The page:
Friday, December 19, 2008

I'm Thinking Nobel Peace Prize

California Attorney General Jerry Brown has asked the state Supreme Court to strike down Proposition 8, arguing that the ban on gay marriage is unconstitutional.

Brown, the state's chief law enforcer, said in his filing this afternoon that the proposition "deprives people of the right to marry, an aspect of liberty that the Supreme Court has concluded is guaranteed by the California Constitution."

“Proposition 8 must be invalidated because the amendment process cannot be used to extinguish fundamental constitutional rights without compelling justification," he wrote in responses to challenges filed by gay-right supporters.

Apparently the cities of San Francisco and Los Angeles have filed suits seeking to overturn the ban.

I have always admired Jerry Brown for his unflinching sense of social justice. I am thankful that he remains at the front of California political life.


Anonymous said...

I'm unfamiliar with the process required to bring a proposition to a vote in California,but it would seem that as the state's legal officer, Mr. Brown would have a duty to speak out before a vote if he determines that a proposed measure would not be constitutional.
This belated iteration might leave the impression that Mr. Brown desires to remain in California's political life.

MaryWalkerBaron said...

I think the only people who knew what they were doing were those who created and drove the initiative. Everyone else, the attorney general included, were asleep or at least dozing at the wheel. Certainly if opponents of the proposition had been better organized simply the two cities of Los Angeles and San Francisco could have defeated it.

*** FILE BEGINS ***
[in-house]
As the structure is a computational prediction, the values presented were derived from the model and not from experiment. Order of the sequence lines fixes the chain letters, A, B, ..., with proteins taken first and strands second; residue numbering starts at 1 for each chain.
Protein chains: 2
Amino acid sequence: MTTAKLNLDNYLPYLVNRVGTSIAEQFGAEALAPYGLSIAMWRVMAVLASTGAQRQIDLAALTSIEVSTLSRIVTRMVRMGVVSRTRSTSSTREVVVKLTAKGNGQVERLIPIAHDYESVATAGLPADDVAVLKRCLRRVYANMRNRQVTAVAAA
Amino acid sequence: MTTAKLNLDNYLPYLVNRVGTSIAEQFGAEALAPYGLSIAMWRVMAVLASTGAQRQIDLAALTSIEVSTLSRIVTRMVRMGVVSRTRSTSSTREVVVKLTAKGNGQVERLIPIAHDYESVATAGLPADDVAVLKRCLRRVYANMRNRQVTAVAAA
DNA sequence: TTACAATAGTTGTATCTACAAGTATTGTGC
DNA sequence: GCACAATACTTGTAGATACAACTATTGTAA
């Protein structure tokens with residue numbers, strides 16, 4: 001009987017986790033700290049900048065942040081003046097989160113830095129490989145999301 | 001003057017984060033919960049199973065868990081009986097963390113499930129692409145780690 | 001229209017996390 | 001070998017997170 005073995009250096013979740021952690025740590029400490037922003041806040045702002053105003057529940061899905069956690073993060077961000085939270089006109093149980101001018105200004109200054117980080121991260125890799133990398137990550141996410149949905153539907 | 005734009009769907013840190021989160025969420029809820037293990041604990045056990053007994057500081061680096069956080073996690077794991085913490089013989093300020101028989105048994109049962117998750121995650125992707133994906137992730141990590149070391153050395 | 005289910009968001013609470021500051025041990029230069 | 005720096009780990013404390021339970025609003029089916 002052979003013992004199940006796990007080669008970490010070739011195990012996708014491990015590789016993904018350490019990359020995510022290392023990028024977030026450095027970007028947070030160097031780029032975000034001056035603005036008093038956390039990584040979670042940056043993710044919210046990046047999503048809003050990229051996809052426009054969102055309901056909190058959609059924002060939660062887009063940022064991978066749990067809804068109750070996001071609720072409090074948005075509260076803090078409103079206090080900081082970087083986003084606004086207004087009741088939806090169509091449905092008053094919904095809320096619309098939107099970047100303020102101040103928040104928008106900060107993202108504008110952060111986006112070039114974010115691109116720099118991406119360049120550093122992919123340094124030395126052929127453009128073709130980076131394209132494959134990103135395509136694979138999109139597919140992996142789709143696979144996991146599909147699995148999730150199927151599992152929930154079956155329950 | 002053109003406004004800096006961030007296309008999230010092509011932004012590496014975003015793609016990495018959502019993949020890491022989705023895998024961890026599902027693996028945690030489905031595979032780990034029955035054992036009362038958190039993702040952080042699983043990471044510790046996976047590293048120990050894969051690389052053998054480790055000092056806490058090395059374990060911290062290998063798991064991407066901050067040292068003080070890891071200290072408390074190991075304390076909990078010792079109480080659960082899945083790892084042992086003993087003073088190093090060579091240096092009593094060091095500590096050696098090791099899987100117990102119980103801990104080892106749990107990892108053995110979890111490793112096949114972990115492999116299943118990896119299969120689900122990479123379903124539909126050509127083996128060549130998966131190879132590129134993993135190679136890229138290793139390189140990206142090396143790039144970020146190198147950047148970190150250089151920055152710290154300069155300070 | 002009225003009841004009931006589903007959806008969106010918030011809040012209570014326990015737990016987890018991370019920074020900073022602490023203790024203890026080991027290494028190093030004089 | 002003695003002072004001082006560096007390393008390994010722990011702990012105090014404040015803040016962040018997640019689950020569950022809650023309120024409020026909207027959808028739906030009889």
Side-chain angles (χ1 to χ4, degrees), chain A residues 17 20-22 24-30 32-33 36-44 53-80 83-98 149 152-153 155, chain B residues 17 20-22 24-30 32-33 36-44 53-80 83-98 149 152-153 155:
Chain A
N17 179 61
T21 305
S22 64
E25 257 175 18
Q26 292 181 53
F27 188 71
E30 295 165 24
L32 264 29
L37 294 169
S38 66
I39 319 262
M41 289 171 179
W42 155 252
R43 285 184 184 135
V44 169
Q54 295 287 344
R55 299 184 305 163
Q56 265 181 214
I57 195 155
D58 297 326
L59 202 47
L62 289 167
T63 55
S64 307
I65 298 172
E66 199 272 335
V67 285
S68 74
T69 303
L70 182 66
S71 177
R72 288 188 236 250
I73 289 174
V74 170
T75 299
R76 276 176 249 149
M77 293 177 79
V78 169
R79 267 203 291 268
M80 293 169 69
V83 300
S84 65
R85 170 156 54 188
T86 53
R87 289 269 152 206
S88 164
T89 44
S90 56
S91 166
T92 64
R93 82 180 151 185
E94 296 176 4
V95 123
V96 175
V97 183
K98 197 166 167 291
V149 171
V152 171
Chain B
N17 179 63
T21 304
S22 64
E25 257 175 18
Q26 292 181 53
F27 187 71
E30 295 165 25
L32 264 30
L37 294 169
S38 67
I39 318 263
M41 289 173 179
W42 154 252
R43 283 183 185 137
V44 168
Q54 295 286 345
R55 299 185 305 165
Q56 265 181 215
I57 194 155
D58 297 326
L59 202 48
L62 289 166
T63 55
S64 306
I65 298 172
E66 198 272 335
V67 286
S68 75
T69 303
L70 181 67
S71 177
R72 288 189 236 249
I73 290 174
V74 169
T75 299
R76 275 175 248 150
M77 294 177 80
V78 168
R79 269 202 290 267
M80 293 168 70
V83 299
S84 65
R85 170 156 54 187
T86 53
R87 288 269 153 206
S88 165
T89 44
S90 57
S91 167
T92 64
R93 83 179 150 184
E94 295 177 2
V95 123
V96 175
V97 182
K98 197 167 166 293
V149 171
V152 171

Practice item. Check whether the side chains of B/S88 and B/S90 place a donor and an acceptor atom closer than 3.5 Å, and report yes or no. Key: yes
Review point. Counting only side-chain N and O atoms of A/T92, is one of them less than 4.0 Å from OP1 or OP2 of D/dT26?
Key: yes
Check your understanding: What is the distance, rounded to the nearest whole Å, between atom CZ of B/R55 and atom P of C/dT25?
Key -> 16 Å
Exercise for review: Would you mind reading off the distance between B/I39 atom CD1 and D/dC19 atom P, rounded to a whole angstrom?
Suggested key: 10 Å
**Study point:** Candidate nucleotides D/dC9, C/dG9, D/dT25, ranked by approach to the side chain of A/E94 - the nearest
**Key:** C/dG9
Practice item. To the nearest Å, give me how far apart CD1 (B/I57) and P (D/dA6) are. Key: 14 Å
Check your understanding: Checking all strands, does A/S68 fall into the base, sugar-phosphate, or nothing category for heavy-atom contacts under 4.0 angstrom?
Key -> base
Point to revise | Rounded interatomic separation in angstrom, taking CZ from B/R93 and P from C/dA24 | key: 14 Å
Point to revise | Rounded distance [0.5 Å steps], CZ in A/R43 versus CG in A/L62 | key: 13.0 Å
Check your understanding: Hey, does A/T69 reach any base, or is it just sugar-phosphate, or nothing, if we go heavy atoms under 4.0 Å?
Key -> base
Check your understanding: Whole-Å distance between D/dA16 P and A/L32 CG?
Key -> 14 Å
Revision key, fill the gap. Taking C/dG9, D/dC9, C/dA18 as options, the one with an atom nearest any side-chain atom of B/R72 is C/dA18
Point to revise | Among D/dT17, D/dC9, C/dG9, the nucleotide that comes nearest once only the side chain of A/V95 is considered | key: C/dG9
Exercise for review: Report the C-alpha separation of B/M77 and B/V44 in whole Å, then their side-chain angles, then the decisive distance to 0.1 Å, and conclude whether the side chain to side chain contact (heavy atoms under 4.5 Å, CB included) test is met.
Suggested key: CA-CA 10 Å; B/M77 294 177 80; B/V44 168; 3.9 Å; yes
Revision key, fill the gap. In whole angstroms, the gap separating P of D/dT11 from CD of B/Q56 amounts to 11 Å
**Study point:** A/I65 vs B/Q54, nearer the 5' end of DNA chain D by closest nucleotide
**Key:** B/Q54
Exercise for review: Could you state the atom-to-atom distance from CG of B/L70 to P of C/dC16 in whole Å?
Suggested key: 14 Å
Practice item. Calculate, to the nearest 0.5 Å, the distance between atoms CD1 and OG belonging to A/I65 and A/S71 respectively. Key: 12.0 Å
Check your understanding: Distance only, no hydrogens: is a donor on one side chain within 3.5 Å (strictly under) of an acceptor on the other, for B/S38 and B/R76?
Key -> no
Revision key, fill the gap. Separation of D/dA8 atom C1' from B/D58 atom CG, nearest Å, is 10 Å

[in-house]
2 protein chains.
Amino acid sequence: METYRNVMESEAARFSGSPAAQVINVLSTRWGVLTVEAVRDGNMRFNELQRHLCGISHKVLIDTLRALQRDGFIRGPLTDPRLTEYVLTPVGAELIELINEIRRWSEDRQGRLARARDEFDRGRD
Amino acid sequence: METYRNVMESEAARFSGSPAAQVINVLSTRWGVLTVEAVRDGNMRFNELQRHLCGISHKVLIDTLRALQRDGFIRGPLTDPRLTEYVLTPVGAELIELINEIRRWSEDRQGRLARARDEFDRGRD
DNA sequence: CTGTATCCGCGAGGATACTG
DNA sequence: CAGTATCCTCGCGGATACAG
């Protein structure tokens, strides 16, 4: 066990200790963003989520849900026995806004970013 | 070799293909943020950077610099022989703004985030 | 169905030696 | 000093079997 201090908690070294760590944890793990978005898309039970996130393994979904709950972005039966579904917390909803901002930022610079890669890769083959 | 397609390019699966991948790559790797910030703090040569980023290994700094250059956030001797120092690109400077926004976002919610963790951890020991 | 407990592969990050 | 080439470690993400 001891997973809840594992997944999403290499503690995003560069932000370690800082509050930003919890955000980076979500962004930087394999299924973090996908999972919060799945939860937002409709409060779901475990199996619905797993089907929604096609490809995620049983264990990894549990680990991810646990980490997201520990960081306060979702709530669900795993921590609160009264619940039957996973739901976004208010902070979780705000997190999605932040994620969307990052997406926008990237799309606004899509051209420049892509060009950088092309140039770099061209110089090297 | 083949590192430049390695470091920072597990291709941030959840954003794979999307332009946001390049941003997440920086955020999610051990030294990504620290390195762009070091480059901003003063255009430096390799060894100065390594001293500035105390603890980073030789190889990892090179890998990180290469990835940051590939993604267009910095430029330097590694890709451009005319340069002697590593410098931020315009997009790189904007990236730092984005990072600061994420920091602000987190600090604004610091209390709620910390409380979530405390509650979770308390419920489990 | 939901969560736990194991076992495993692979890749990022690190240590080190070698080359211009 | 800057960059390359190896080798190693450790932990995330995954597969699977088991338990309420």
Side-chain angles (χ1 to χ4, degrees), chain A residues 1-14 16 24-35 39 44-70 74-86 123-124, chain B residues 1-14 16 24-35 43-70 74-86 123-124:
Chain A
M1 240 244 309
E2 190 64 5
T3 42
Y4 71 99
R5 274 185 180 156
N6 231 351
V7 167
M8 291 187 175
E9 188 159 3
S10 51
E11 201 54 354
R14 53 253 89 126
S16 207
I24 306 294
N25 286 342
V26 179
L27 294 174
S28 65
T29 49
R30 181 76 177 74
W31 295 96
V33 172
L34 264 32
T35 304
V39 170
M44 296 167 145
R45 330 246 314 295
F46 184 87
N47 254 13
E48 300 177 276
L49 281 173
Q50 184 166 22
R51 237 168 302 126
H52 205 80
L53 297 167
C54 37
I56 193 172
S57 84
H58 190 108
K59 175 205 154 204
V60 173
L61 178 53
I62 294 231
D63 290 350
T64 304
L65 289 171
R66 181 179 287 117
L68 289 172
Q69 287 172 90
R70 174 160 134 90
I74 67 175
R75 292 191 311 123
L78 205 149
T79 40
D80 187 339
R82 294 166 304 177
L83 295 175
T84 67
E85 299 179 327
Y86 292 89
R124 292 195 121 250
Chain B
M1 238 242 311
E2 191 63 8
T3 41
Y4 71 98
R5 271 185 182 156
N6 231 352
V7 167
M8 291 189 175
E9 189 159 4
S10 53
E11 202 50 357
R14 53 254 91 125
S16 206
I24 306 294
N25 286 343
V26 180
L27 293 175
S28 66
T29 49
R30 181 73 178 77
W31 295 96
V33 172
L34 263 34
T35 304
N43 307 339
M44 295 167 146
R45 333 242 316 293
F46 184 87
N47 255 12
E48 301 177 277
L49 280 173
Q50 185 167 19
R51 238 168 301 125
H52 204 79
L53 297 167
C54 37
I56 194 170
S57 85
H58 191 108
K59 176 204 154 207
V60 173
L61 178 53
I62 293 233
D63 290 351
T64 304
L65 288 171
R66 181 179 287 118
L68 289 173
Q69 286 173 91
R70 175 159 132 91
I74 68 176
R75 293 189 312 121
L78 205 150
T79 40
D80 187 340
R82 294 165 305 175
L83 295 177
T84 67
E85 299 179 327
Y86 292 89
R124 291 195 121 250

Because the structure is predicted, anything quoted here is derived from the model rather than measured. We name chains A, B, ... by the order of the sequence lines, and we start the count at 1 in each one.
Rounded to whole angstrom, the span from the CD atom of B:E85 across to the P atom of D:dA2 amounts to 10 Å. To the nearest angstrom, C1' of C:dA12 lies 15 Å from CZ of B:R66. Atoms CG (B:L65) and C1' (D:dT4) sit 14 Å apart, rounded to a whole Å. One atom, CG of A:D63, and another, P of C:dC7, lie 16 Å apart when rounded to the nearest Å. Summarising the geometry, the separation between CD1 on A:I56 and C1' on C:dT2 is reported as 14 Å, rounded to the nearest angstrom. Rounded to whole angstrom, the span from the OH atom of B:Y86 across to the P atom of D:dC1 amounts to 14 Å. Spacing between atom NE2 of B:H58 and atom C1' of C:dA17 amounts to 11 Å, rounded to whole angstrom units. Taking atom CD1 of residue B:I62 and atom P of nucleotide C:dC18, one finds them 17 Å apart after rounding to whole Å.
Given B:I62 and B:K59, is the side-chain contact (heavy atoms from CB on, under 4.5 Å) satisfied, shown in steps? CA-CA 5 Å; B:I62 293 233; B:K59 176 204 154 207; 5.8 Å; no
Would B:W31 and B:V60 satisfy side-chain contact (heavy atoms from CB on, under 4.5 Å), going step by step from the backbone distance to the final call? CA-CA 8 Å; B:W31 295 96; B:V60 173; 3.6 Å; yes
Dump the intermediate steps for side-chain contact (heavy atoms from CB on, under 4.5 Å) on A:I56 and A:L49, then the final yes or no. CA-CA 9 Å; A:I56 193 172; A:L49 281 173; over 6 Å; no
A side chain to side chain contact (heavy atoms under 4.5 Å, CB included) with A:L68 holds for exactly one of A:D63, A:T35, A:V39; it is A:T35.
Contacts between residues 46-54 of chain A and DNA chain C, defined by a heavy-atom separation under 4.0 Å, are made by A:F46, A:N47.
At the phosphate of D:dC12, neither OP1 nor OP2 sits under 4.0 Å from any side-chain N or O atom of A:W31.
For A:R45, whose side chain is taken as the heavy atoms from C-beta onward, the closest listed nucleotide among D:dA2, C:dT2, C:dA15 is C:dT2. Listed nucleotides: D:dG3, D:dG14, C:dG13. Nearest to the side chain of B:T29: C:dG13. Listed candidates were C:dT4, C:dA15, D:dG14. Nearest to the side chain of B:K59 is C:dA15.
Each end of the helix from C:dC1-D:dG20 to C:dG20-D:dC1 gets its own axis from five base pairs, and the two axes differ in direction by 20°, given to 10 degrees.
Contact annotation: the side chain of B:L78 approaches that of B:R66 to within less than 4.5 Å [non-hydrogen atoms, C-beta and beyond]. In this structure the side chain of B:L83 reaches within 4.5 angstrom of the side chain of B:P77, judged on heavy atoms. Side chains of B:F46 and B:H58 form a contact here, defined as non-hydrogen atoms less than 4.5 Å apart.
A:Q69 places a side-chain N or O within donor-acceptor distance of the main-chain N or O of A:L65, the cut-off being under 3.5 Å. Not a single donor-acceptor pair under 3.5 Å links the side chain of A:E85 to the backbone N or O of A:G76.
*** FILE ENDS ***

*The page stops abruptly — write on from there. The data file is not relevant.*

Anonymous said...

Are you sure it was a failure of organizing the turnout? It seems that it was a stupendous error in allowing this to come to a vote.

MaryWalkerBaron said...

I agree that it never should have come to a vote. The initiative process is a huge blessing and curse in California.
It seems to me that the creators of Proposition 8 were ready to move the minute same sex marriages became legal. They had been ready for some time. Those finally able to marry were not as quick to organize. And thus the initiative got on the ballot while at least 10% of the California population planned weddings and celebrated. That's not to diminish the good work of organizations such as LAMBDA Legal Defense but those finally able to marry just weren't as well organized as those fueled by hatred.

Anonymous said...

Respectfully, I think that you're wrong if you think that the bulk of the electorate are motivated by hatred on this. The haters are there, but other factors should be acknowledged.
Even if the courts reverse this,as I expect, it still is necessary to change the minds that are capable of change.
Bon chance.

MaryWalkerBaron said...

I appreciate the conversation and the respectful disagreement. I'm sure hatred is not the only fuel. Sometimes the urge to jump on a bandwagon is pretty strong and, yes, there are plenty of people motivated by what they believe to be the greater good. Change is a fragile thing. Thanks for participating.

Marnie said...

Good for Jerry Brown - I've always admired his morales.